The future of Skunk Island is still up in the air.
The Beaver Dam Common Council on Monday considered an offer the buy to island for $1. The Beaver Dam Lake Development Corporation, which has been wrestling with what to do with the island for the past year, made the offer. The corporation’s members are appointed by Mayor Becky Glewen, but it is a separate entity from the city.
The council voted 12-0 to return the offer to the Operations Committee to figure out what the city should do with it and come up with a vision for it including what it might mean to make the island into a conservancy. Members Cris Olson and Mick Fischer were absent.
Council President Robert Ballweg, a member of the Operations Committee, made the proposal to return the measure to committee. The $1 offer to sell the island to the city has already moved through the Operations and the Administrative committee.
The island has been a popular spot for duck hunting on the lake and is used to store aeration equipment. The board closed off the island and put up no-trespassing signs a few years ago after a dispute over who should be allowed to hunt on the island and concerns over liability if someone were injured on the island and sued.
“I can’t speak for every board member, I believe there would be a broad consensus that the island should remain in the public sector,” said John Moser, chairman of the lake group.
Moser said that he is pleased with the constructive discussion the city is having about the island. The corporation set a deadline of April 1 to hear back from the city about its offer before considering other options, but Moser said that’s flexible, and now he will go back to see whether the board needs to meet again to move back the deadline or if it can be done informally. There is an election for odd-numbered council wards on April 2.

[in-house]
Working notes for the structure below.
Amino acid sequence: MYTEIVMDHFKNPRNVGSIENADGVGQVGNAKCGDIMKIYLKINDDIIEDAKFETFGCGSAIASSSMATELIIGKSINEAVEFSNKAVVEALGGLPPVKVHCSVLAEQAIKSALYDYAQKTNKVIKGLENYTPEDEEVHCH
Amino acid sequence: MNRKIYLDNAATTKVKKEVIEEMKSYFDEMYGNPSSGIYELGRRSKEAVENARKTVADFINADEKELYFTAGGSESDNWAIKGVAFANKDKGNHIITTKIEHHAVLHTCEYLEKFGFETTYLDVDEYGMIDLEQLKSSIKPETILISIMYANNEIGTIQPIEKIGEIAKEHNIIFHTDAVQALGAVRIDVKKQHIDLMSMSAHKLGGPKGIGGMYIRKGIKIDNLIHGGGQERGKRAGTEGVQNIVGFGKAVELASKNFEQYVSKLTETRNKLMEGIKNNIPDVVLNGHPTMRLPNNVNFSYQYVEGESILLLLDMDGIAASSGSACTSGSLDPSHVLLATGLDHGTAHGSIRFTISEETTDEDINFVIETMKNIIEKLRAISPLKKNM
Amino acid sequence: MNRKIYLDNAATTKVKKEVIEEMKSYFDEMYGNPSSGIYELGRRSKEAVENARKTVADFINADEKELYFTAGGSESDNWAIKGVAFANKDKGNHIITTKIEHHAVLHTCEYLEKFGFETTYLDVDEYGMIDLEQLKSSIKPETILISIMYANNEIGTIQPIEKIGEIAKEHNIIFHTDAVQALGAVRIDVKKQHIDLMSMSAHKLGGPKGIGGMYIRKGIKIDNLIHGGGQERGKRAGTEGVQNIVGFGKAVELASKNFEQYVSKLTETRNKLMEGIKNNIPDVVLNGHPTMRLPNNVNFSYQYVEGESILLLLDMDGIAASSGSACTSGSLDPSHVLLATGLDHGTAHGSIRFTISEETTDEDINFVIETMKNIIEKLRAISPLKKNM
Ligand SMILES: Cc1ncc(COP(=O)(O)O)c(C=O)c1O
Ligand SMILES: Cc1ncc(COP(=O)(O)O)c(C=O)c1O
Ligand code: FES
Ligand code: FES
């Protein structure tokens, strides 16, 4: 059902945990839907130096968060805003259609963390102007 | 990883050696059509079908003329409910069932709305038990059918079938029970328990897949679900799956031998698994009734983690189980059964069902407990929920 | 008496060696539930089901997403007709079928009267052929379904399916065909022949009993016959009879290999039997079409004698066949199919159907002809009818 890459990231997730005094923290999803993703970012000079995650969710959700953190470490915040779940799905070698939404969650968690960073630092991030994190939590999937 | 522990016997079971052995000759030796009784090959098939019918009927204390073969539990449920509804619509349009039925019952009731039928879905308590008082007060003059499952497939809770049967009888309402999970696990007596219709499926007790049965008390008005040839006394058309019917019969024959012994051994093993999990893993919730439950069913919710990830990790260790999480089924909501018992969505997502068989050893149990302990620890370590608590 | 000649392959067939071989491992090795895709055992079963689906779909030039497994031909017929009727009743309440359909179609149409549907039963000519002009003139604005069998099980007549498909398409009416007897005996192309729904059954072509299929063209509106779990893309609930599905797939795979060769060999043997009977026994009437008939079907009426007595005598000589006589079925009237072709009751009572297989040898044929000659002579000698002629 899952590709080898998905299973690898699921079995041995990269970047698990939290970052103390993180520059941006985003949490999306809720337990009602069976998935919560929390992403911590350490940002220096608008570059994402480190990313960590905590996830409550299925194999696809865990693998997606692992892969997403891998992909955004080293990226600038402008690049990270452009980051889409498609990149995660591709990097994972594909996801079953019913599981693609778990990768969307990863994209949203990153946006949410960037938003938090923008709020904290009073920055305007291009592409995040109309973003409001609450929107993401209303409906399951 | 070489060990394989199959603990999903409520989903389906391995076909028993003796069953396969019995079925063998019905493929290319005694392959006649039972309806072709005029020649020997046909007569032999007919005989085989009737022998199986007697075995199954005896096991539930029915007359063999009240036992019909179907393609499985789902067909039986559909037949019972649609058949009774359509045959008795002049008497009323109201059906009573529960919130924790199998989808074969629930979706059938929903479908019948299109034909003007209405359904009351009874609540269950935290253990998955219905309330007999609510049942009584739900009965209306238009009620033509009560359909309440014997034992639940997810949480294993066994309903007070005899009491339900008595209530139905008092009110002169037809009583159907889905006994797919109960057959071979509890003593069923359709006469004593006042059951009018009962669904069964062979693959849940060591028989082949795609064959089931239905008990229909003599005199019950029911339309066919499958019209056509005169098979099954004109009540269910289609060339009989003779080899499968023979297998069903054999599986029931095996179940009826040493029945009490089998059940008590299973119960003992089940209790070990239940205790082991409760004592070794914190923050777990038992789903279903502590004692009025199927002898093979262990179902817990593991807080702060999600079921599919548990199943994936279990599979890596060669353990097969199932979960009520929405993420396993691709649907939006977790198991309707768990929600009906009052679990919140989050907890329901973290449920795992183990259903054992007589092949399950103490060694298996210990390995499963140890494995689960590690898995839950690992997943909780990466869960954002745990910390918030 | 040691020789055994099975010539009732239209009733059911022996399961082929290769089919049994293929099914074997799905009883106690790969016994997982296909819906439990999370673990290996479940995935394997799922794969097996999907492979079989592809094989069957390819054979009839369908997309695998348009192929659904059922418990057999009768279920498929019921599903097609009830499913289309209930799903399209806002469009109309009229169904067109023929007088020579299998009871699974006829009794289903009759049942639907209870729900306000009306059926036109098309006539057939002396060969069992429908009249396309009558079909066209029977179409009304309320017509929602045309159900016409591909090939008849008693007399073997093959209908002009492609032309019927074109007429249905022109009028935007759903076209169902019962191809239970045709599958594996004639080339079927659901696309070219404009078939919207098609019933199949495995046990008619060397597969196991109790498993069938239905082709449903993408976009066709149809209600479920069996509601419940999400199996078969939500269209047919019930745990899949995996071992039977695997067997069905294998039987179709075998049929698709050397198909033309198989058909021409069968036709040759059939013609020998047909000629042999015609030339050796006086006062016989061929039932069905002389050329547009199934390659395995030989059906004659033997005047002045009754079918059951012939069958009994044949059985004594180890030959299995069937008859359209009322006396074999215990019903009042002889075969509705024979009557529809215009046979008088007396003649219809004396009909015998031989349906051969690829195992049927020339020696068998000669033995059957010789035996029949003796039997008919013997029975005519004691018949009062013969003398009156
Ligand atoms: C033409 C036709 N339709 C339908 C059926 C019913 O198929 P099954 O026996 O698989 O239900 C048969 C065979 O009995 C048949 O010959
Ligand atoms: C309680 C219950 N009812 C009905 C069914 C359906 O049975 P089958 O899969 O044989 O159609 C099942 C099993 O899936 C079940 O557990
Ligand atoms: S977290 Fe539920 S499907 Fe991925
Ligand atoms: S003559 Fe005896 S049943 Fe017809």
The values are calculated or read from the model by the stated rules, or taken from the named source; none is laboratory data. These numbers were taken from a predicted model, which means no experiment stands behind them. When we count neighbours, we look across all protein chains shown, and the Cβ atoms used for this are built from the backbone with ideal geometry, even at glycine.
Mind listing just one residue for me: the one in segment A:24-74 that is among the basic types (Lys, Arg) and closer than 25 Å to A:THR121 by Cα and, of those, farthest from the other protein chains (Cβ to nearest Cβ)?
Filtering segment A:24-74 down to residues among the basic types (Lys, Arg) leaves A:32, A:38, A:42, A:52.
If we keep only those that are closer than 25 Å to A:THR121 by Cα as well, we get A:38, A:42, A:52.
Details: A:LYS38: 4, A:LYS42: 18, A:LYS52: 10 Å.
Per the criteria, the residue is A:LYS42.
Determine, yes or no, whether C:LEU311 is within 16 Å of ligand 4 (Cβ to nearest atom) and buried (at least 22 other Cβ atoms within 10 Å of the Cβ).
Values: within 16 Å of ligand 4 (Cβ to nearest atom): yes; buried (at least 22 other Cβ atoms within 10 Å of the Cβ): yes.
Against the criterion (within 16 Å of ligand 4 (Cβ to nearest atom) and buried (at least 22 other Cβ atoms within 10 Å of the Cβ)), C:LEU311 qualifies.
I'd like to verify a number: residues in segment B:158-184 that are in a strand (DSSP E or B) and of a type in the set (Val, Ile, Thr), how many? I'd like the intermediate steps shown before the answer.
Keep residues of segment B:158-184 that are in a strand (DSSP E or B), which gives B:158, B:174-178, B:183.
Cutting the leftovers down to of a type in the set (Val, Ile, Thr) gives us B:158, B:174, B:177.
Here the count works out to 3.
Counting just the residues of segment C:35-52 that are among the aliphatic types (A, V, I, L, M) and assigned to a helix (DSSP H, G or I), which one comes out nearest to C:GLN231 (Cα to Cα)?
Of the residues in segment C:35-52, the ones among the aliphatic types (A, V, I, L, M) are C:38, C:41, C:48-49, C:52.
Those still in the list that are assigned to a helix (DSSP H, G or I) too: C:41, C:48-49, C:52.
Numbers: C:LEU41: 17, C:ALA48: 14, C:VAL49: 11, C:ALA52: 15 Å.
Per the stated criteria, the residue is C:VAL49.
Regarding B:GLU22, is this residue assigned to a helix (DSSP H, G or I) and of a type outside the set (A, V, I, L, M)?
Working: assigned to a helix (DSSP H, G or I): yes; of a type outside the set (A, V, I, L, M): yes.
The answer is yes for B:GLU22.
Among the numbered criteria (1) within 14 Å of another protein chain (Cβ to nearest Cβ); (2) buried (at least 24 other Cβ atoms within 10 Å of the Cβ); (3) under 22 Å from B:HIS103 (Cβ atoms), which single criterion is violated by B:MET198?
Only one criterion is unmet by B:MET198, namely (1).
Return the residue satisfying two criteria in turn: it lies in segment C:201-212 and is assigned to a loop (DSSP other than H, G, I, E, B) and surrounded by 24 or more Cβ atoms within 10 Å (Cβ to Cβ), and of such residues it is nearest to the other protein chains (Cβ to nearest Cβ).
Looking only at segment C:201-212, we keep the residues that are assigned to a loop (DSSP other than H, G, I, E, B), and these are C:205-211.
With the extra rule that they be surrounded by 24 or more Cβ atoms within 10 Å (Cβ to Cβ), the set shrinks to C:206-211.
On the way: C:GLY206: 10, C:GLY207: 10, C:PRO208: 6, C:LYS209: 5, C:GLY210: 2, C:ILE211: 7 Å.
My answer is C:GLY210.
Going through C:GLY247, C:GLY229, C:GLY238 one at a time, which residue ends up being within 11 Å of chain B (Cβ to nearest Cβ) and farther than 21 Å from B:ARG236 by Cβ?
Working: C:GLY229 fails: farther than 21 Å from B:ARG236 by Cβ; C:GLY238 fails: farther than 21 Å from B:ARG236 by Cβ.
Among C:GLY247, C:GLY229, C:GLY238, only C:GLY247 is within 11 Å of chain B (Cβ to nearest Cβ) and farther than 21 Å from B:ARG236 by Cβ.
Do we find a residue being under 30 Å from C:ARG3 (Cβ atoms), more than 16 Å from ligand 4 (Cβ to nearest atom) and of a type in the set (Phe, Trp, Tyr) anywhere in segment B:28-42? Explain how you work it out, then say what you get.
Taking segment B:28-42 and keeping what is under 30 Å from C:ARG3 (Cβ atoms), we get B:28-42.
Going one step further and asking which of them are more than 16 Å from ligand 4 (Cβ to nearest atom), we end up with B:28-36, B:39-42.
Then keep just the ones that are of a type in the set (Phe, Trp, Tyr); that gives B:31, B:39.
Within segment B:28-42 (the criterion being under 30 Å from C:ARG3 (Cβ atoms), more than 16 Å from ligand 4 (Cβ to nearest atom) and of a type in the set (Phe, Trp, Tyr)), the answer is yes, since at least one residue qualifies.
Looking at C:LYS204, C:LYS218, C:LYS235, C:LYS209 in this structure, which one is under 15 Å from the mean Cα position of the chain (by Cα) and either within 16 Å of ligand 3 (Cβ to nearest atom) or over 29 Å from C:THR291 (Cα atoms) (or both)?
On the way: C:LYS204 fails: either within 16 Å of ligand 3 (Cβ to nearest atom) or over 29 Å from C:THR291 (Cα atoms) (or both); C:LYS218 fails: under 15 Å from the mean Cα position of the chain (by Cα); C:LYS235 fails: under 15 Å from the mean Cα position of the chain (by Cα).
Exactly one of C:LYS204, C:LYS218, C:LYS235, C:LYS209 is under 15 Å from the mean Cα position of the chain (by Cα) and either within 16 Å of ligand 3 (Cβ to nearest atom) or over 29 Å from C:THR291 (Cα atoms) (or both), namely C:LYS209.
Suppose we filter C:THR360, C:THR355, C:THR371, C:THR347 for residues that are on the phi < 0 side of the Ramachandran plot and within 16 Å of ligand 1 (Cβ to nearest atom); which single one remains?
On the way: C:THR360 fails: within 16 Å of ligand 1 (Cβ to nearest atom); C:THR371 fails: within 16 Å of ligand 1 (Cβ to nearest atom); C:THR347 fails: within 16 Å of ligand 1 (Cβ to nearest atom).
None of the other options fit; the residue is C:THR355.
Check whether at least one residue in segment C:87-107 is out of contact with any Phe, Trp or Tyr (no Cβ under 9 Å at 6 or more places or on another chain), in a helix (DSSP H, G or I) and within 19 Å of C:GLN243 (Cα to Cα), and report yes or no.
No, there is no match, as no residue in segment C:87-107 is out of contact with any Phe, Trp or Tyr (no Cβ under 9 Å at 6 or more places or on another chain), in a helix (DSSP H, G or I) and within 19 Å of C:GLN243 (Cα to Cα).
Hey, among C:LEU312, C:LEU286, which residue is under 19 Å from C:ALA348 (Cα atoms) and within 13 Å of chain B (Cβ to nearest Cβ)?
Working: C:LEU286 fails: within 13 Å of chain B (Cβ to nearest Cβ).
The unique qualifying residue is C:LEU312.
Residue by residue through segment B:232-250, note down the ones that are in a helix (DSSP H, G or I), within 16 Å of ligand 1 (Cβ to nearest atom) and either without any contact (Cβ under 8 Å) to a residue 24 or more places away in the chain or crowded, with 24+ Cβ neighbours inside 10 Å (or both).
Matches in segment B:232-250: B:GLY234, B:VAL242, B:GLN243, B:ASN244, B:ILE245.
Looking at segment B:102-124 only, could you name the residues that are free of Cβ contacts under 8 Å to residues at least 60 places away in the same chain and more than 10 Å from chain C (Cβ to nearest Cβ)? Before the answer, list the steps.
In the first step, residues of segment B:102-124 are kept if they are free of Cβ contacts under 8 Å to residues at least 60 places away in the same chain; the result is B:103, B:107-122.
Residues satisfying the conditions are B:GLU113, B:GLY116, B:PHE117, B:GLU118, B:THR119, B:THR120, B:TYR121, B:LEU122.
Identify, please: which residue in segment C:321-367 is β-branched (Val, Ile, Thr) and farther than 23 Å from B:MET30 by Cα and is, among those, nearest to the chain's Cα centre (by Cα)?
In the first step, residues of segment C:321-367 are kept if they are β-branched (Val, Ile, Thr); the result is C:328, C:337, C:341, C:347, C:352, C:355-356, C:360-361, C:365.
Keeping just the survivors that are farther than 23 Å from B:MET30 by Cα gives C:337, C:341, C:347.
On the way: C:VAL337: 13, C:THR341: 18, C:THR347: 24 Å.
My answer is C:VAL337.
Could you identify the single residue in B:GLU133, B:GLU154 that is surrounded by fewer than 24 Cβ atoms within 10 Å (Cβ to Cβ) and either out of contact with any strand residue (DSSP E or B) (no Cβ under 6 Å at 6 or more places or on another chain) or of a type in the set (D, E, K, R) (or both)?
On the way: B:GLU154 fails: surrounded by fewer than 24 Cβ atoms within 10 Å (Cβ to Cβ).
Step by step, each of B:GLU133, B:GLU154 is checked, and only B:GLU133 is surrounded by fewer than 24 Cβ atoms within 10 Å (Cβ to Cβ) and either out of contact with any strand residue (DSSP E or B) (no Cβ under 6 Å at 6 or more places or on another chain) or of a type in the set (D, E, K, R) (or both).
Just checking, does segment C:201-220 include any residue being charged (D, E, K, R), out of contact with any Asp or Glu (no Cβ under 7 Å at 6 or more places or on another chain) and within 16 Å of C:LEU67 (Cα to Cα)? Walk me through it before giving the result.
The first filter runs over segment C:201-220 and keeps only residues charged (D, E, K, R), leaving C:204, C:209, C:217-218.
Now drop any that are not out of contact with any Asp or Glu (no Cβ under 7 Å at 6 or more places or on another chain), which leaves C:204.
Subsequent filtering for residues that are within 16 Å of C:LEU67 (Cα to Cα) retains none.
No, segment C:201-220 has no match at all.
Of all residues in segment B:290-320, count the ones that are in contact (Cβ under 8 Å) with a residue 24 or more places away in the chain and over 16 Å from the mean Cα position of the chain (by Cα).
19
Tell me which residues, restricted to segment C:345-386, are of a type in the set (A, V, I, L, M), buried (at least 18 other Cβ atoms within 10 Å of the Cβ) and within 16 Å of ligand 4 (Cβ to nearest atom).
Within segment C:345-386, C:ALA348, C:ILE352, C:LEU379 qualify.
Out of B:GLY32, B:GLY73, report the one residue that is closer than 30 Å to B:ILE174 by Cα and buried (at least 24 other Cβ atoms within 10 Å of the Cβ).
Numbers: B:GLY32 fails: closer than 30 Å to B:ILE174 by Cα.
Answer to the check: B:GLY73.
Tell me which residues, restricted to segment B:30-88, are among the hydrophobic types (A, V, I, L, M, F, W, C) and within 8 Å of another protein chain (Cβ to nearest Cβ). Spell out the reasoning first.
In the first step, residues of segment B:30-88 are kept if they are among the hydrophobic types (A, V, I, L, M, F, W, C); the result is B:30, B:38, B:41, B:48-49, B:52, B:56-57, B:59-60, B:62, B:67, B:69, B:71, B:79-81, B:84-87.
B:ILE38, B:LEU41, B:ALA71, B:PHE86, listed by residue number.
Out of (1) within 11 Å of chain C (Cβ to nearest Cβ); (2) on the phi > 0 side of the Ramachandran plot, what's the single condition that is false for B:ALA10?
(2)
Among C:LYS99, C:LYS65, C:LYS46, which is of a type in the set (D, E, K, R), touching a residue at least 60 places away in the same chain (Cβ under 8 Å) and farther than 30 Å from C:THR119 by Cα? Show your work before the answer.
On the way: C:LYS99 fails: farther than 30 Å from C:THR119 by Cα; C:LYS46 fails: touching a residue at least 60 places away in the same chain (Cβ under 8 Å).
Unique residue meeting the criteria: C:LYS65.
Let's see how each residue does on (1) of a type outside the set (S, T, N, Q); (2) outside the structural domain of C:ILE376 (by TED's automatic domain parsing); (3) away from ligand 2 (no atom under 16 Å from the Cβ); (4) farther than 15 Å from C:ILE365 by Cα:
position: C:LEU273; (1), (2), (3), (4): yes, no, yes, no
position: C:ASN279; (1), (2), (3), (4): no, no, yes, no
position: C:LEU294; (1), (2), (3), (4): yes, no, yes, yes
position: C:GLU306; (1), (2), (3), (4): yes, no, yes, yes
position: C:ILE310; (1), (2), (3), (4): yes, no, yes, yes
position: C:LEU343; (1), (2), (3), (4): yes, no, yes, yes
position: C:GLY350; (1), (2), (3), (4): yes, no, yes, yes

One of the major reasons the board had for offering the island to the city was that the city has greater protection from lawsuits. Under Wisconsin law, as a municipality, Beaver Dam has broad immunity from lawsuits if someone were injured, much more immunity than the corporation would have.
“We believe the city would be the best caretaker for the island because the city has recreational immunity from lawsuits,” Moser said. “It’s stronger than any the corporation could purchase.”
He said the corporation does not have the resources to open up the island to greater public use right now.
Glewen said that in looking at the corporation’s goals and by-laws, the intent would bring it back into the public use. However, she said, the city would need to strike an agreement with a group that will help care for Skunk Island. The Beaver Dam Conservationists have expressed an interest.
People who have used the island in the past have said that they fondly remember going out there and hunting with their friends and family, and hoped that it would be something they could continue in the future.
The island is in the unincorporated town of Beaver Dam. The Dodge County Sheriff’s Office and the Beaver Dam Fire Department cover, and will continue to cover, the island, officials have said.
The corporation receives money from the city to fund its operations, mainly paying to run aeration equipment that keeps oxygen flowing in the water during the winter to prevent fish kill.
Ballweg said he would want to add a deed restriction to turn the island into a conservancy. However, it was not clear at Monday night’s meeting whether that would mean the island could still be opened up more for public use.
Council member Ken Anderson said people would prefer a wild, open space to use as they did before Skunk Island was closed.
“My biggest question and concern right now is that there is no bigger plan for it,” said council member David Hansen. “I’m just a little concerned that we have no plan in place right now and we’re talking about resources in the future that we have other needs for.”